Demonstration site: Hellisheidi and Nesjavellir (Iceland)
Hellisheidi and Nesjavellir power plants are located on the southern and western parts of the Hengill volcanic system. Both are co-generative, flash-unit power plants producing both electricity and hot water from a high temperature basaltic reservoir. Nesjavellir and Hellisheidi were commissioned in 1990 and 2006. Since 2007, OR has been developing new solutions in reducing gas emissions at Hellisheidi through the CarbFix project. Pilot scale capture and injection commenced in 2011 and industrial scale capture has been built up in stages since 2014. Capture of CO2 and H2S is carried out via a scrubbing unit that only uses water and electricity. Captured gases are injected dissolved in water back into the geothermal reservoir where monitoring has demonstrated their fate to be rapid mineralisation. Currently about 1/3rd of CO2 and 2/3rd of H2S are captured in this process at Hellisheidi. No capture and injection is taking place at Nesjavellir yet. GECO aims to improve efficiency of pre-existing gas capture and injection infrastructure at Hellisheidi, turn captured CO2 into value stream at Hellisheidi, and commence pilot scale capture and injection at Nesjavellir.
[substituting Castelnuovo (Italy)]
[substituting Castelnuovo (Italy)]
Storengy (STY) is developing a test unit to demonstrate the feasibility of the total geothermal fluid reinjection (including NCG’s) in a single well in high temperature (>150°C) steam dominated reservoir. The demonstration in a high temperature gneissic reservoir initially planned in Castelnuovo in Tuscany (Italy) is going to take place in Hveragerði (Iceland) due to permitting issues. The Castelnuovo site’s characterization and modeling are nevertheless part of the GECO project.
Storengy (STY) is collaborating with the Iceland GeoSurvey (ISOR) to develop the closed-loop test unit and demonstrate it in a 200°C well in Hveragerði, Iceland. To simulate similar reservoir conditions as in Castelnuovo, the geothermal fluid will be supplied with a CO2 tank and steam.
This testing operation will allow for the first ever geothermal system utilised for production/injection flow tests at nearly “zero aeriform emission”.
Demonstration site: Kızıldere (Turkey)
The Kızıldere geothermal field is Turkey’s first and high-potential geothermal field explored for energy generation. It is a high temperature metamorphic reservoir situated in the Denizli Province, southwestern Turkey. It is a complex of 3 power plants, Kızıldere-I, -II and -III. Zorlu Energy got the concession rights of Kızıldere field in 2008. Kızıldere-I is the first Geothermal Power Plant (GPP) of Turkey commissioned in 1984 with 15 MWe capacity and still operating. By taking into account reservoir feasibility studies, Zorlu constructed and commissioned its second plant Kızıldere-II with 80 MWe capacity in August 2013. The 165 MWe Kızıldere-III GPP is completely operational since March 2018. Nearly 1/3rd of the discharged NCG from Kızıldere-II is sent to a CO2 facility named Linde Gas. Linde Gas processes the CO2 for commercial activities. Through the GECO project, Zorlu Energy aims to reduce the CO2 emissions for more green geothermal power production while maintaining the sustainability of the reservoir.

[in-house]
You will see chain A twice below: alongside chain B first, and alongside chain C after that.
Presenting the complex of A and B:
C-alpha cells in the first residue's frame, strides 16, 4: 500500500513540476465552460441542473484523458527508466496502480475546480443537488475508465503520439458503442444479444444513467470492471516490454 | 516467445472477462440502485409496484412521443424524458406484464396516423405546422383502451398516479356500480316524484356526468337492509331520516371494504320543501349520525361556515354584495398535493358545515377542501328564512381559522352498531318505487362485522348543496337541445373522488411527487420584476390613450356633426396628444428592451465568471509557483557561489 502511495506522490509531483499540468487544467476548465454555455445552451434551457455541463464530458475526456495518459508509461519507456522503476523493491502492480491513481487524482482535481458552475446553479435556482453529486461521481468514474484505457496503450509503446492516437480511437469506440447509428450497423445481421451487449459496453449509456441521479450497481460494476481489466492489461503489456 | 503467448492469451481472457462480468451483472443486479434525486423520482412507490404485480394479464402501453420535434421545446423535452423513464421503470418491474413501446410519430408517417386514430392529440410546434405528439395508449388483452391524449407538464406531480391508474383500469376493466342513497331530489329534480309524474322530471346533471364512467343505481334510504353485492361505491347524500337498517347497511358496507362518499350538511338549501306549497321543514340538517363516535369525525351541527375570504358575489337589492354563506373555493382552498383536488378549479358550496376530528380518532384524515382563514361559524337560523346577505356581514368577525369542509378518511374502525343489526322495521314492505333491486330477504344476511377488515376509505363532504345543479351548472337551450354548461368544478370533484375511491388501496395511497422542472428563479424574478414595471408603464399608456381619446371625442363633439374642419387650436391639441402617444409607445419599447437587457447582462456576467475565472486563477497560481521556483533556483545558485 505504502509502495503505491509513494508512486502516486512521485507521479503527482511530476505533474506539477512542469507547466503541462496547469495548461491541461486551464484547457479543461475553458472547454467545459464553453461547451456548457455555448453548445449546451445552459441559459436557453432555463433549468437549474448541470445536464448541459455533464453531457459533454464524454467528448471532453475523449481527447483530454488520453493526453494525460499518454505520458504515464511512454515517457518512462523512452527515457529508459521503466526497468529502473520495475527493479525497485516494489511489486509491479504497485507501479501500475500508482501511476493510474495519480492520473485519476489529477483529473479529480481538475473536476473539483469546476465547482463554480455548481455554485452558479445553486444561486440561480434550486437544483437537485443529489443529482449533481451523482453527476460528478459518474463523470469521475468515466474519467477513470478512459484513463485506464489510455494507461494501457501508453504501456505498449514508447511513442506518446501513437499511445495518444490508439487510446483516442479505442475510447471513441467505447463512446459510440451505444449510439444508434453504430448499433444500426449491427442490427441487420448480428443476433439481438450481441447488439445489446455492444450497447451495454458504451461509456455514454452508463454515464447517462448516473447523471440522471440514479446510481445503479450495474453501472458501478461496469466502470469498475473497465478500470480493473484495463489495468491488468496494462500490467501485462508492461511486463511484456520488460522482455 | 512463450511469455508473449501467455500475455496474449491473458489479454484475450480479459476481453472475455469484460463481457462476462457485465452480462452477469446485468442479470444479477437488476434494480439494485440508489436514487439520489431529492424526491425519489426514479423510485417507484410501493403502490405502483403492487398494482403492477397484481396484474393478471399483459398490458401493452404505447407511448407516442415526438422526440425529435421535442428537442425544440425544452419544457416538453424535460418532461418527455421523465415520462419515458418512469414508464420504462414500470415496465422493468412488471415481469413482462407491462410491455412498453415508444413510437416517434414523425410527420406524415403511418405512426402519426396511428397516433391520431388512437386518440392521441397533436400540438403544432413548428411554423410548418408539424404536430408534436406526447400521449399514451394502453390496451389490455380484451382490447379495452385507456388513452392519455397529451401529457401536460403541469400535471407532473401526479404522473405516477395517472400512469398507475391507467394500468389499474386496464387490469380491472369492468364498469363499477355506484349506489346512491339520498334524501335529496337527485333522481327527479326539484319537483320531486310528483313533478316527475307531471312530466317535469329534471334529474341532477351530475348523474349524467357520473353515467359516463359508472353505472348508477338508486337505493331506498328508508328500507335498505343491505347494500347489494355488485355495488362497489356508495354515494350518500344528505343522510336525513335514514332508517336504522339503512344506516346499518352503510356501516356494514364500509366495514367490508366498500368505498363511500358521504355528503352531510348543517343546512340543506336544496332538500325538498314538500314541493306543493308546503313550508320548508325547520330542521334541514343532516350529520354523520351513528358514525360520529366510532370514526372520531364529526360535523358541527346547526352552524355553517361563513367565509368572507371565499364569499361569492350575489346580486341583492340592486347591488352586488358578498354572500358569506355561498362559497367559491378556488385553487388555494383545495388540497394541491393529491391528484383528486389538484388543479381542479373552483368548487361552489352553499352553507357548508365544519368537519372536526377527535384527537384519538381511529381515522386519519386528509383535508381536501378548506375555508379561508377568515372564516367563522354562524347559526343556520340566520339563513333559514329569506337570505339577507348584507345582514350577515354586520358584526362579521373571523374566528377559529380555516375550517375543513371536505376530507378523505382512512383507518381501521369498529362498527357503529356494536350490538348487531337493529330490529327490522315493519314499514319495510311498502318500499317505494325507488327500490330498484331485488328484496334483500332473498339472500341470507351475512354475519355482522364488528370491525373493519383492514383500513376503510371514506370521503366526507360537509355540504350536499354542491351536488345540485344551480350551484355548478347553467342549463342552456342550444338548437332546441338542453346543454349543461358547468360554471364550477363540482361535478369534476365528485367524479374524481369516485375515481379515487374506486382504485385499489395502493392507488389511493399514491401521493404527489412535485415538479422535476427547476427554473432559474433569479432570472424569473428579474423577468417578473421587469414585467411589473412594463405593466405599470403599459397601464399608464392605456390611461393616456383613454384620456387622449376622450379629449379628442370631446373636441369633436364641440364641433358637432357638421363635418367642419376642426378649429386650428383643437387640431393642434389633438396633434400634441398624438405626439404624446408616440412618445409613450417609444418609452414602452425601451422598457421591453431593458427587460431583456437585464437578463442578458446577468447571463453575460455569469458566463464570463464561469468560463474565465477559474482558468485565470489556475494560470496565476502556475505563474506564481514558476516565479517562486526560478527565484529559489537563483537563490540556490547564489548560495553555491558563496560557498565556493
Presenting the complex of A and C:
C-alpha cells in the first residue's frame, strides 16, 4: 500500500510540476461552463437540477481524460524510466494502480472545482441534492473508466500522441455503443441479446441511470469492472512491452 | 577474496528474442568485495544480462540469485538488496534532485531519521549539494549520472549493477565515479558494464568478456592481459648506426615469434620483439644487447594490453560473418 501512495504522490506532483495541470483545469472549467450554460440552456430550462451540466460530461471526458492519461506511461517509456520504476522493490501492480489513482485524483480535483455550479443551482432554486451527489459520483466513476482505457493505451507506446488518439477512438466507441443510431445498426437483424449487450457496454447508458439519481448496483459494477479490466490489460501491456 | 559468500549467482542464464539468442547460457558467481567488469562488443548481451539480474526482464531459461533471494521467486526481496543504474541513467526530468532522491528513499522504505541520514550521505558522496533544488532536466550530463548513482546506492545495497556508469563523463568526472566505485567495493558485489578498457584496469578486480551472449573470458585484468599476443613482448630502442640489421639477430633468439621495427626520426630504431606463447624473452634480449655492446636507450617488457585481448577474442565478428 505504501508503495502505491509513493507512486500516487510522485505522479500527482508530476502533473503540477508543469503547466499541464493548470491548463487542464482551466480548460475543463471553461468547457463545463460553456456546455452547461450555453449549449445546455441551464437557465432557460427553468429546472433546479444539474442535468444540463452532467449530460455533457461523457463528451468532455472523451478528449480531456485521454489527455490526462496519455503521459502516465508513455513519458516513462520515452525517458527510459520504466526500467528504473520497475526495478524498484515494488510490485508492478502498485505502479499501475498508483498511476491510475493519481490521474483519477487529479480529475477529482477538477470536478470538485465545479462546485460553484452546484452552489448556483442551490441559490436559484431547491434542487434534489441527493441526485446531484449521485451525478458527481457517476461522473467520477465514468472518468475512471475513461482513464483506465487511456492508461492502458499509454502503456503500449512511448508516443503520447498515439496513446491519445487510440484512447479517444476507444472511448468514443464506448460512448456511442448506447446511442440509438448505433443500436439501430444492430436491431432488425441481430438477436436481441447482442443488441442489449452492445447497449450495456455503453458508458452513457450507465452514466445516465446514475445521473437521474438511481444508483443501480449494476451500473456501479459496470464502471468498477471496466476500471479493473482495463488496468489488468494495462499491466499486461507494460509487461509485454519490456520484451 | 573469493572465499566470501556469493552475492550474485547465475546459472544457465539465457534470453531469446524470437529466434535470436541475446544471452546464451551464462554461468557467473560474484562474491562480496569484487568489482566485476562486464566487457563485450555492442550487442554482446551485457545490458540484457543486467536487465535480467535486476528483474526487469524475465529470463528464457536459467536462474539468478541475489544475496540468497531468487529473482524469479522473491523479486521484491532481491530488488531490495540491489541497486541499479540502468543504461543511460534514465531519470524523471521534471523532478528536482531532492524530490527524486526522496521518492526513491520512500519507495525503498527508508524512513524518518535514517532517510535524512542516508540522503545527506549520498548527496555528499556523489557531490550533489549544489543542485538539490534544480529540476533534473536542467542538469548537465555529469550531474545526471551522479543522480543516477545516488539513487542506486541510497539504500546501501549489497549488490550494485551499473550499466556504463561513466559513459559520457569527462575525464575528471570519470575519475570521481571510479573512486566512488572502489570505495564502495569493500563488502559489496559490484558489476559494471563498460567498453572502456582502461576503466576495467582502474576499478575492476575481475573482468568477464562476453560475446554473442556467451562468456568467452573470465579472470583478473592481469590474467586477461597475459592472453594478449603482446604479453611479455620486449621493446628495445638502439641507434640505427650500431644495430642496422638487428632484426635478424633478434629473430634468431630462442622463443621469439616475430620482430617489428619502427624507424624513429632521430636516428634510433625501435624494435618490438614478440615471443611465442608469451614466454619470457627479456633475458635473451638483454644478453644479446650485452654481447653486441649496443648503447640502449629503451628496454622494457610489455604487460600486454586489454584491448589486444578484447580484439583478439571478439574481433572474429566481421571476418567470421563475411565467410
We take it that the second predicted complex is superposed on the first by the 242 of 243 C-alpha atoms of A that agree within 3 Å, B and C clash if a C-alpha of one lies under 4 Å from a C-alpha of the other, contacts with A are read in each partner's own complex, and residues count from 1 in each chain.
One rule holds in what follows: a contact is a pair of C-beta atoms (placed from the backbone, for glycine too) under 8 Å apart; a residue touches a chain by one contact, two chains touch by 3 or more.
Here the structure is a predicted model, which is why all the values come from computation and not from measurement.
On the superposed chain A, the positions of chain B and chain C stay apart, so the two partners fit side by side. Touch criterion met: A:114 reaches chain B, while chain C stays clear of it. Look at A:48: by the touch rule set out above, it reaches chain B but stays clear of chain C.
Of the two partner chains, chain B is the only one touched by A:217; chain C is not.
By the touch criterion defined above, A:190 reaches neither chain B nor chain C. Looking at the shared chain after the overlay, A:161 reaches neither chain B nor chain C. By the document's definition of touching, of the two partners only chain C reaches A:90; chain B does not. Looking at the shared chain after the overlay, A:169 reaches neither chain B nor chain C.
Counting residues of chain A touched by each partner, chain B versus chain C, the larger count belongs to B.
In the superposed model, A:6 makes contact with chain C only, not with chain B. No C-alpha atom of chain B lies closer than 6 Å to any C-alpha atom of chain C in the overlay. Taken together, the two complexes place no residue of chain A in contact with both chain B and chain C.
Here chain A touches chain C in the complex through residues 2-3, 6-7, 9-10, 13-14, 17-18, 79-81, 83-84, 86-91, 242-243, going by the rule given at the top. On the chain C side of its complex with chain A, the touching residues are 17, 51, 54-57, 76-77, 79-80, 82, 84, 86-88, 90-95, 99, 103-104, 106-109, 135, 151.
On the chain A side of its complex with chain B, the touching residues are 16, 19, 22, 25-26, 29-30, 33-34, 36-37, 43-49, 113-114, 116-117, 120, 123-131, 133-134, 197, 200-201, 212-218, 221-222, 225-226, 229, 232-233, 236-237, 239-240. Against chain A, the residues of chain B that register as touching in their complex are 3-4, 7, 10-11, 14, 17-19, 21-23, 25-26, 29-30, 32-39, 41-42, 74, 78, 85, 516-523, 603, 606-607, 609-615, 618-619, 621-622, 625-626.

Demonstration site: Bochum MULE (Germany)
The Ruhr Metropolitain Underground Laboratories (MULE) at Bochum is a large-scale facility for technology development for the changes of energy systems in urban areas. MULE has a 50 km2 geothermal mining permission with a test site right in the center of one of the largest European urban areas. The test plant shall study the effects of the injection of hydrothermal fluids enriched with CO2 into a low temperature sedimentary reservoir. It will consist of a dual flow and injection system (400 l/Min) with a closed flow-loop reactor and two 500 m wells. Emissions are controlled by an array of monitoring wells for induced chemical, hydraulic, thermal/fibre optic, seismic effects. Using MULE as GECO demo site, the Bochum Geothermal Centre is aiming at studying the effect of CO2 injection on the sandstone formation for further injection experiments.